After your marriage (under Thai Family Laws) all property of husband and wife is governed by the statutory system of 'property between husband and wife' (sections 1465 to 1493 - read: ). Any agreements between husband and wife made during the marriage affecting their assets (in conflict with the statutory system) could be set aside by the spouses themselves or a court (section 1469). This includes usufruct and superficies but it is difficult to void and deregister such rights.

Section 1469 'the right to void any agreement' also includes gifts between husband and wife made during the course of the marriage. If you gave the money for purchase of the land to your wife you could demand the return of the money expended in a divorce and if the usufruct is cancelled. Gift is also placed in book III CONTRACTS and described as 'a gift is a contract...'. Some evidence of the gift out of your personal property will be required.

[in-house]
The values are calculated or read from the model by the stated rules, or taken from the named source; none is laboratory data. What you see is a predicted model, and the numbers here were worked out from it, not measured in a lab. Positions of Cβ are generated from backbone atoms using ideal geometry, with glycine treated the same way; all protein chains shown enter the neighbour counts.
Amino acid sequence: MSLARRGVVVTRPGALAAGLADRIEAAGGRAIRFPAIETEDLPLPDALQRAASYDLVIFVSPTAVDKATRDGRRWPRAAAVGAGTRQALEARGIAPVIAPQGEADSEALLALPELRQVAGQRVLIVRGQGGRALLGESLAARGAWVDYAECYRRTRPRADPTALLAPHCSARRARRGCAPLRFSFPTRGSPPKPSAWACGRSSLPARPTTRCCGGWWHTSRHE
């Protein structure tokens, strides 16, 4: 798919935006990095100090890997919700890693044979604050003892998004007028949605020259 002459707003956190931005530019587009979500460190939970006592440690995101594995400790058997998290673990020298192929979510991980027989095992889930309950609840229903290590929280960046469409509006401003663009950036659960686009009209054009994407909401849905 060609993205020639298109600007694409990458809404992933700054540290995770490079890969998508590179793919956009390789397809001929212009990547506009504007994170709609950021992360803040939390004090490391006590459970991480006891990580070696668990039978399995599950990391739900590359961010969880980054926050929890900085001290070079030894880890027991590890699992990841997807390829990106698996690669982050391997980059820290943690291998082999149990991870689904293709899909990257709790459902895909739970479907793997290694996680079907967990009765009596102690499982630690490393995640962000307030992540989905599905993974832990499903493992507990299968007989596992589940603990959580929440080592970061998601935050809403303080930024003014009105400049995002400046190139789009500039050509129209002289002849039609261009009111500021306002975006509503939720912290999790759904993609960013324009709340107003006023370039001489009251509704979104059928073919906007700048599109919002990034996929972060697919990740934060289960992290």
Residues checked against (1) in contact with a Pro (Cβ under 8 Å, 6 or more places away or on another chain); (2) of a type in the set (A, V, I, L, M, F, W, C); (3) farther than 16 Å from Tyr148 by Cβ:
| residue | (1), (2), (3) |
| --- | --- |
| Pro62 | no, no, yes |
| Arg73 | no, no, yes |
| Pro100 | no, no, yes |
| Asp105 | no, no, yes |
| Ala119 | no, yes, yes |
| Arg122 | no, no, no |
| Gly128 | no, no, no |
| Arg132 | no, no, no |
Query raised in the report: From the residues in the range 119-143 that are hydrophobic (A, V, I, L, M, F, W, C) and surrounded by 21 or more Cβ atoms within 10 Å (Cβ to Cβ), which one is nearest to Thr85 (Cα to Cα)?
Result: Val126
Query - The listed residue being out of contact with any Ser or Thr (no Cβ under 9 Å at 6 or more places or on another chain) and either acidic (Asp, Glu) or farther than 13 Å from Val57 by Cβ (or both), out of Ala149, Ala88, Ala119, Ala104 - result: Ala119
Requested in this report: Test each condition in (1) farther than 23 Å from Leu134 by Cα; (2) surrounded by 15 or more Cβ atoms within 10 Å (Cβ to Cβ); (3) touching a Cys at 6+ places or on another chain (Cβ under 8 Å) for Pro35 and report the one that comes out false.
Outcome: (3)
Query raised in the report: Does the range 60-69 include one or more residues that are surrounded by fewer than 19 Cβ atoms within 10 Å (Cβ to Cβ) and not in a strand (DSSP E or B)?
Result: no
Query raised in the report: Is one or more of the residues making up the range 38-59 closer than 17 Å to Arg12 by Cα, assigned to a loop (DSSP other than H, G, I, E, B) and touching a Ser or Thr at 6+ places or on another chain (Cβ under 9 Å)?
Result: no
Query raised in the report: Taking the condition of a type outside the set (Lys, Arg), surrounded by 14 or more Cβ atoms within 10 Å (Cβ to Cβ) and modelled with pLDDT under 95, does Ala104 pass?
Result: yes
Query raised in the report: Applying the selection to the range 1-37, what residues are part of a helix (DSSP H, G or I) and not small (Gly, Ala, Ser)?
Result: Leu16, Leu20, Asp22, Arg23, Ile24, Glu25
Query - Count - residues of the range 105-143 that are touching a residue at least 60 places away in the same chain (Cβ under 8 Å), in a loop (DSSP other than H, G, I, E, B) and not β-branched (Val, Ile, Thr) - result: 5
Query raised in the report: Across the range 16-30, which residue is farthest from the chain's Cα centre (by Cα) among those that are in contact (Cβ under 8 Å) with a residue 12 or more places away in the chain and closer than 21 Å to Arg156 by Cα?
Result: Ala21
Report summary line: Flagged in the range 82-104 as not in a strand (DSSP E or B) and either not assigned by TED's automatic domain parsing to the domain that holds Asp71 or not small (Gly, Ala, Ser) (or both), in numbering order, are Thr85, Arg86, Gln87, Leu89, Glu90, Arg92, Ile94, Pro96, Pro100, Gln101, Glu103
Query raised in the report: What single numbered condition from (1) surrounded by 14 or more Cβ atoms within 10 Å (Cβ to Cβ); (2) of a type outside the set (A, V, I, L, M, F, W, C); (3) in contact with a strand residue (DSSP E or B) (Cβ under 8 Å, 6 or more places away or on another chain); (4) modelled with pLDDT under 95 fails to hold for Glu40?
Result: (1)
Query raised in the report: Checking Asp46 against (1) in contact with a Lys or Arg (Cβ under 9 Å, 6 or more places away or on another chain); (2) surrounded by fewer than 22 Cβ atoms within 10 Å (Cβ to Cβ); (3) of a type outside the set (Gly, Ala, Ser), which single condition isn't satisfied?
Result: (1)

In a divorce in Thailand the marital home is often divided 50/50 between husband and wife. The reason for this is section 1474 last sentence 'In case of doubt as to whether a property in a common property between husband and wife or not it shall be presumed to be jointly owned'.
This is more or less a standard division in a divorce, but if you can prove that the property is bought during the marriage with your personal assets the division could be different than a 50/50 division, even despite any declaration made at the land office at the time of purchase.

Reference civil and commercial code: